"Most importantly, the House of Representatives passed an energy and climate bill in June that would finally make clean energy the profitable kind of energy for American businesses and dramatically reduce greenhouse gas emissions. One committee has already acted on this bill in the Senate and I look forward to engaging with others as we move forward. . . We understand the gravity of the climate threat. We are determined to act. And we will meet our responsibility to future generations. But though many of our nations have taken bold action and share in this determination, we did not come here to celebrate progress today. We came because there's so much more progress to be made. We came because there's so much more work to be done. . .

"As we head towards Copenhagen, there should be no illusions that the hardest part of our journey is in front of us. We seek sweeping but necessary change in the midst of a global recession, where every nation's most immediate priority is reviving their economy and putting their people back to work. And so all of us will face doubts and difficulties in our own capitals as we try to reach a lasting solution to the climate challenge. But I'm here today to say that difficulty is no excuse for complacency. Unease is no excuse for inaction. And we must not allow the perfect to become the enemy of progress. Each of us must do what we can when we can to grow our economies without endangering our planet -- and we must all do it together. We must seize the opportunity to make Copenhagen a significant step forward in the global fight against climate change.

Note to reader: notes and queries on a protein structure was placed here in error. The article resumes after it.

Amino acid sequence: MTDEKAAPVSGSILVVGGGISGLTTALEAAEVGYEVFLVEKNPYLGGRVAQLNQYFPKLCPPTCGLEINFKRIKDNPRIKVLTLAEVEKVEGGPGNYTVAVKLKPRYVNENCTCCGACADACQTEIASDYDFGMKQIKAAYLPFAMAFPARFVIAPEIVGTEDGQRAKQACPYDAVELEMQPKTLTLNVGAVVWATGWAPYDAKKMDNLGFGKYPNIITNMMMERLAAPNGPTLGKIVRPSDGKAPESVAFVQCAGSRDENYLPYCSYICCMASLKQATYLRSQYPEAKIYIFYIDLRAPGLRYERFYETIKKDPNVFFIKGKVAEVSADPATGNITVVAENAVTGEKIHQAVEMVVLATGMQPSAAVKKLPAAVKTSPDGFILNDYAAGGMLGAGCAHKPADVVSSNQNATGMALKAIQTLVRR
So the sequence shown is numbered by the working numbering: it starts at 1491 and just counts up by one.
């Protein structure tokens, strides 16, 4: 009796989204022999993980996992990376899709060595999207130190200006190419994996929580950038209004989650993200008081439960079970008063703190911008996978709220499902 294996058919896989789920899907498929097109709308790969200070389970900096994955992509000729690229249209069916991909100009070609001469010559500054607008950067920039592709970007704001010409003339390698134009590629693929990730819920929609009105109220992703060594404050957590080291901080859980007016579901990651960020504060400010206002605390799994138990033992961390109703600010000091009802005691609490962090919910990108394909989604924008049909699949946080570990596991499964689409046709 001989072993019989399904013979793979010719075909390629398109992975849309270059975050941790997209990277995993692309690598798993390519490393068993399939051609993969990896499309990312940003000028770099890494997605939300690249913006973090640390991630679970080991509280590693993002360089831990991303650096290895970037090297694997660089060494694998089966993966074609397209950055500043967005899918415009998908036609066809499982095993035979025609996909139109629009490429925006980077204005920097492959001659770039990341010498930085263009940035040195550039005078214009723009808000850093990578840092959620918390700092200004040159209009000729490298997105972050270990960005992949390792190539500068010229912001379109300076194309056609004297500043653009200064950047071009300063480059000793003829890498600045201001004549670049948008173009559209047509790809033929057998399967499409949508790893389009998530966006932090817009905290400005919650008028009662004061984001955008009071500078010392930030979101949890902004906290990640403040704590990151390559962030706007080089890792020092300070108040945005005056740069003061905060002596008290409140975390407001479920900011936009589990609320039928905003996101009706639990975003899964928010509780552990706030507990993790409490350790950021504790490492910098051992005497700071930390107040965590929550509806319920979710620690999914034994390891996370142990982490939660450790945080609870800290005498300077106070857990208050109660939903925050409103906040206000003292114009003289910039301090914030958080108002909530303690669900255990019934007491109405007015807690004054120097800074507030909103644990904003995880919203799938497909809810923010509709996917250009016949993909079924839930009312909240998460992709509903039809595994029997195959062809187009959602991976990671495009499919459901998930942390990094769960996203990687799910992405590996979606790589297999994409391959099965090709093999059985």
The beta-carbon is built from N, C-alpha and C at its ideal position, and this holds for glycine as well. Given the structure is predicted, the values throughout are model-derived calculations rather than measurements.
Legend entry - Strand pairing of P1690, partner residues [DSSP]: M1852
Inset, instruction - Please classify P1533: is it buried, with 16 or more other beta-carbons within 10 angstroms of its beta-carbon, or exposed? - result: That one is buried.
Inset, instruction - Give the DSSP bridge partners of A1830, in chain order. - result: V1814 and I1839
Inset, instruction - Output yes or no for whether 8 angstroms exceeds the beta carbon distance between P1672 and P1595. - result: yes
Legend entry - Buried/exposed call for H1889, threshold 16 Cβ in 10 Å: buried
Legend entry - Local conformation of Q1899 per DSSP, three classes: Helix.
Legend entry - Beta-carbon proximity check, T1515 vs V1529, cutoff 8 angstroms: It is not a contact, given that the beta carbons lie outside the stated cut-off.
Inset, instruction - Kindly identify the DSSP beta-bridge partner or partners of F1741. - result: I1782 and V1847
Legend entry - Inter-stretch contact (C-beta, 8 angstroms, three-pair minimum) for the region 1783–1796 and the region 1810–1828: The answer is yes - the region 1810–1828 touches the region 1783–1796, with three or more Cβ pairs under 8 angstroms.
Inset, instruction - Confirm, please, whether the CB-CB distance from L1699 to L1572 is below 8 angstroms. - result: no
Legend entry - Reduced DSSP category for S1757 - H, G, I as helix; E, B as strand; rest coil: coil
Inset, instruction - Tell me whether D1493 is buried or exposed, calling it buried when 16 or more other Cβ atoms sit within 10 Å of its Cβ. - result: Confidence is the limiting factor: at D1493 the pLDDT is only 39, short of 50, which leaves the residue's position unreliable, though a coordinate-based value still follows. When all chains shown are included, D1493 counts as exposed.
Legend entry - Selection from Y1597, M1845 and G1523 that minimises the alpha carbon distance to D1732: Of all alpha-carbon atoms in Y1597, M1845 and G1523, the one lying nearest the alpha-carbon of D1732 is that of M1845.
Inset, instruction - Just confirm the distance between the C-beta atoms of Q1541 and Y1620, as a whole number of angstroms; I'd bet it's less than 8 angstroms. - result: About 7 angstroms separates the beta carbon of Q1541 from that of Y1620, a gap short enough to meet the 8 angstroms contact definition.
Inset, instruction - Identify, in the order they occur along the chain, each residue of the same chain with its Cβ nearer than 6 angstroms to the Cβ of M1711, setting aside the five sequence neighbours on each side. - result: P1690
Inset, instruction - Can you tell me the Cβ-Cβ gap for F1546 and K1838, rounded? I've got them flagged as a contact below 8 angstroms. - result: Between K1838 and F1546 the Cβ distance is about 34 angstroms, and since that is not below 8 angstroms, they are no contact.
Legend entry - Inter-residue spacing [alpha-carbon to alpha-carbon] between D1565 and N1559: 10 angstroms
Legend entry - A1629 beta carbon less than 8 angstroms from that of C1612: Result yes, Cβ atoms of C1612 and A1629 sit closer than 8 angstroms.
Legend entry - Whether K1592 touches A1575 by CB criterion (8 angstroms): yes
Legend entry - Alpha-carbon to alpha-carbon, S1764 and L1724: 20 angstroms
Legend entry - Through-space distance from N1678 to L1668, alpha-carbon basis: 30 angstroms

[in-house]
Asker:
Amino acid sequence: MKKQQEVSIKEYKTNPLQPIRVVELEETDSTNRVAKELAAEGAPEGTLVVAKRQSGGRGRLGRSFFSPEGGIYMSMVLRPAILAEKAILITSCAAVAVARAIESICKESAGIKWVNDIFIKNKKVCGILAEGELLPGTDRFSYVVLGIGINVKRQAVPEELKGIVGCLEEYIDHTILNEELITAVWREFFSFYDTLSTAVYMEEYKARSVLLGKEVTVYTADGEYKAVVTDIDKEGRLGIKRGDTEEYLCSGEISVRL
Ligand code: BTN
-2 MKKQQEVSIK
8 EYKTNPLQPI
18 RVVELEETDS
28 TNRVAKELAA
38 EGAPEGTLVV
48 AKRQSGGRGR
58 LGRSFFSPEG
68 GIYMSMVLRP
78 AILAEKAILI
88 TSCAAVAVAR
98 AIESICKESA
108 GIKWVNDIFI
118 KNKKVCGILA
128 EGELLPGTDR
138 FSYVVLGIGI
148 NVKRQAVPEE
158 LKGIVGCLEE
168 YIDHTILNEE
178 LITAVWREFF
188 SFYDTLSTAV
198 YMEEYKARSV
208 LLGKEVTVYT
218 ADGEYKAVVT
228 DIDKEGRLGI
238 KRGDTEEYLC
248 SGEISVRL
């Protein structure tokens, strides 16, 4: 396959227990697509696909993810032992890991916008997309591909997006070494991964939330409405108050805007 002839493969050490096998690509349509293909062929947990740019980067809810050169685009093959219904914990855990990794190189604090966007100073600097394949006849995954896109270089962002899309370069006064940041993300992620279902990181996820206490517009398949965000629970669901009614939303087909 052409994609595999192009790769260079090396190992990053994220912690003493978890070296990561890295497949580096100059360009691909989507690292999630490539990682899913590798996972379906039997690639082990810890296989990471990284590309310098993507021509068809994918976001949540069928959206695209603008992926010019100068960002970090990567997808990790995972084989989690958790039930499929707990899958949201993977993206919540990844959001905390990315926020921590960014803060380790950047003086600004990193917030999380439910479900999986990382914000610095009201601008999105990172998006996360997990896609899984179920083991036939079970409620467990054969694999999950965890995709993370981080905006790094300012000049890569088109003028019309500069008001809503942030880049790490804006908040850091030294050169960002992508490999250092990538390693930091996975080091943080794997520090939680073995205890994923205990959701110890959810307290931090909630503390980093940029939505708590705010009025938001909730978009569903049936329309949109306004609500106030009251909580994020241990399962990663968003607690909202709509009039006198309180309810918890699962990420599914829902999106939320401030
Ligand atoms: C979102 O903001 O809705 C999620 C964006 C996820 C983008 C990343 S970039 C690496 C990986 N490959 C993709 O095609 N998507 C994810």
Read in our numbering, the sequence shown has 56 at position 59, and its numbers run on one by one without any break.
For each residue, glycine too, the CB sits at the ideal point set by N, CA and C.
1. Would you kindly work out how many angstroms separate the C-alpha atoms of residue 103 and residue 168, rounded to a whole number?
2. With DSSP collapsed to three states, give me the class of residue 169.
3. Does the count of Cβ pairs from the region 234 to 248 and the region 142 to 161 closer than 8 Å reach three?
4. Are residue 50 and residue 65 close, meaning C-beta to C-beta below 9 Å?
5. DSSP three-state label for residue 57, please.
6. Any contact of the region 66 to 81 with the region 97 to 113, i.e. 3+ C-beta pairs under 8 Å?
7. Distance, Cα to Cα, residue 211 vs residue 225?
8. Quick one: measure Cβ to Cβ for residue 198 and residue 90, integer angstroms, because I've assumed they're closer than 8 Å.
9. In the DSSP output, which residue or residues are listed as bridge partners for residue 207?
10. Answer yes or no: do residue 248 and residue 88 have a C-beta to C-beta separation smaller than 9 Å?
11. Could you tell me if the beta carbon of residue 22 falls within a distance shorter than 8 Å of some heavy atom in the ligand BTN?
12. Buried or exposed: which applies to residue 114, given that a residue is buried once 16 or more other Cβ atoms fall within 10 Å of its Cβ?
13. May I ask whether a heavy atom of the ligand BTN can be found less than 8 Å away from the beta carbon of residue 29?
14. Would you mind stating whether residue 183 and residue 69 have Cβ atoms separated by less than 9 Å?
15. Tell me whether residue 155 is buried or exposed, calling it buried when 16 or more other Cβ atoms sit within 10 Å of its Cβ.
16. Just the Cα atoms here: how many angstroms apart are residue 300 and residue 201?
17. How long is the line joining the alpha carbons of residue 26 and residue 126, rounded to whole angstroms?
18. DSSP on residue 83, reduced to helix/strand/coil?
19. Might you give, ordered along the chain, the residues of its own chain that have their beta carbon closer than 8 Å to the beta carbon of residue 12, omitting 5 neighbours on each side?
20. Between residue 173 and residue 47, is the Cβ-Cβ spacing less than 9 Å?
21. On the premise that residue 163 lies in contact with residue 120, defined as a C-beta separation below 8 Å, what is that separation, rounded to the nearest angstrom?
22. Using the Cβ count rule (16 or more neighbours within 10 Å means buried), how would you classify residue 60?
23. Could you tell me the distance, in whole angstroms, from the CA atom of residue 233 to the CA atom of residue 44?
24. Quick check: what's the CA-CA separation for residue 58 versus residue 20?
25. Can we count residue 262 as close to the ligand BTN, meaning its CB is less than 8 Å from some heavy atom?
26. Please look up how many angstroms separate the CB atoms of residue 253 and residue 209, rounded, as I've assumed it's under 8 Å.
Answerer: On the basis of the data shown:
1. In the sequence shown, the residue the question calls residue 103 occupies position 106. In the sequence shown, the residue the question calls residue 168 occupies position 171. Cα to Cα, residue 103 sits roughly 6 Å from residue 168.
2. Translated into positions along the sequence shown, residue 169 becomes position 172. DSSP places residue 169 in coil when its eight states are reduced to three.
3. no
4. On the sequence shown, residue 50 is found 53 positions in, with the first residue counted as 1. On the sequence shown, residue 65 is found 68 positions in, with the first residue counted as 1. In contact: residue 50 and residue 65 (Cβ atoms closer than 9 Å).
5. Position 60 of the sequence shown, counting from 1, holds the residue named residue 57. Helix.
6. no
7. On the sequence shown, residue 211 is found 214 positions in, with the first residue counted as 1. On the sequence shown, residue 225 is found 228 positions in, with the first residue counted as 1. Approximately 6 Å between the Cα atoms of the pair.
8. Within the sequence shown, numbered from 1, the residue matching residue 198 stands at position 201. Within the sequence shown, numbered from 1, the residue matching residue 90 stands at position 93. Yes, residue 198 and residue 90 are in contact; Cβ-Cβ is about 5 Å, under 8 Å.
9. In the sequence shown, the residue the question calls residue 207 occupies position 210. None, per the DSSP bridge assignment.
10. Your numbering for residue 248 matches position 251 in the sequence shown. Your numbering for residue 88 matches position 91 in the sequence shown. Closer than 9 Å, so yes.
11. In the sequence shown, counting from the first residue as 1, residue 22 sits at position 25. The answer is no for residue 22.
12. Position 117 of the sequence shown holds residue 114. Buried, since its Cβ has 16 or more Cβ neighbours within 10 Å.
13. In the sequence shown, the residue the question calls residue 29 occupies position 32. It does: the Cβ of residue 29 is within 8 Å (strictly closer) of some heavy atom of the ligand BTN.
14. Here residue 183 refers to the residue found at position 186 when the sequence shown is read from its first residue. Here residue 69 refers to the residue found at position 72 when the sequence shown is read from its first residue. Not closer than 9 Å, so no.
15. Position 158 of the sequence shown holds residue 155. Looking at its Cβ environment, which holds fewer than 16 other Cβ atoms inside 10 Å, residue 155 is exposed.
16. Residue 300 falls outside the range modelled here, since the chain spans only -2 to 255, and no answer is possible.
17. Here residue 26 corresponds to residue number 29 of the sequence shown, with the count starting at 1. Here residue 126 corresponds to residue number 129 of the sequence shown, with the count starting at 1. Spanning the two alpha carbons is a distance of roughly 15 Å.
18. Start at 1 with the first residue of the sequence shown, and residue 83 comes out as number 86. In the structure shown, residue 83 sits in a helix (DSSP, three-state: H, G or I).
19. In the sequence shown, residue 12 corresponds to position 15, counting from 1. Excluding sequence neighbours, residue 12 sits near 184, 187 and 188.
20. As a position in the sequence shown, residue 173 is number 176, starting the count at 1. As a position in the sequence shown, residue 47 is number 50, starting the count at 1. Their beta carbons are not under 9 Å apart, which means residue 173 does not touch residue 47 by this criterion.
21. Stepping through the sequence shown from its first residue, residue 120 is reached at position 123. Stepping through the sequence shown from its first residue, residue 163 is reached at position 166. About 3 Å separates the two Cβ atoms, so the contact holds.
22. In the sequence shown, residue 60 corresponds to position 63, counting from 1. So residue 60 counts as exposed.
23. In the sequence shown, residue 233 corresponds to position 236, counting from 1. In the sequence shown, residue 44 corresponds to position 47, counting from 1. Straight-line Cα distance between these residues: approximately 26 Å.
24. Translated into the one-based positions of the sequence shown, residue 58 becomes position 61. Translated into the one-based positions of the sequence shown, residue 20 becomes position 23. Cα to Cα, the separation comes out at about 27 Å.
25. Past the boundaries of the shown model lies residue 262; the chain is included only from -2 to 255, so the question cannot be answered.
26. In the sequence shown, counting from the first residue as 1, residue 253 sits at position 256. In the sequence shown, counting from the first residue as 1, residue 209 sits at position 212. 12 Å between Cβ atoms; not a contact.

"We also cannot allow the old divisions that have characterized the climate debate for so many years to block our progress. Yes, the developed nations that caused much of the damage to our climate over the last century still have a responsibility to lead -- and that includes the United States. And we will continue to do so -- by investing in renewable energy and promoting greater efficiency and slashing our emissions to reach the targets we set for 2020 and our long-term goal for 2050.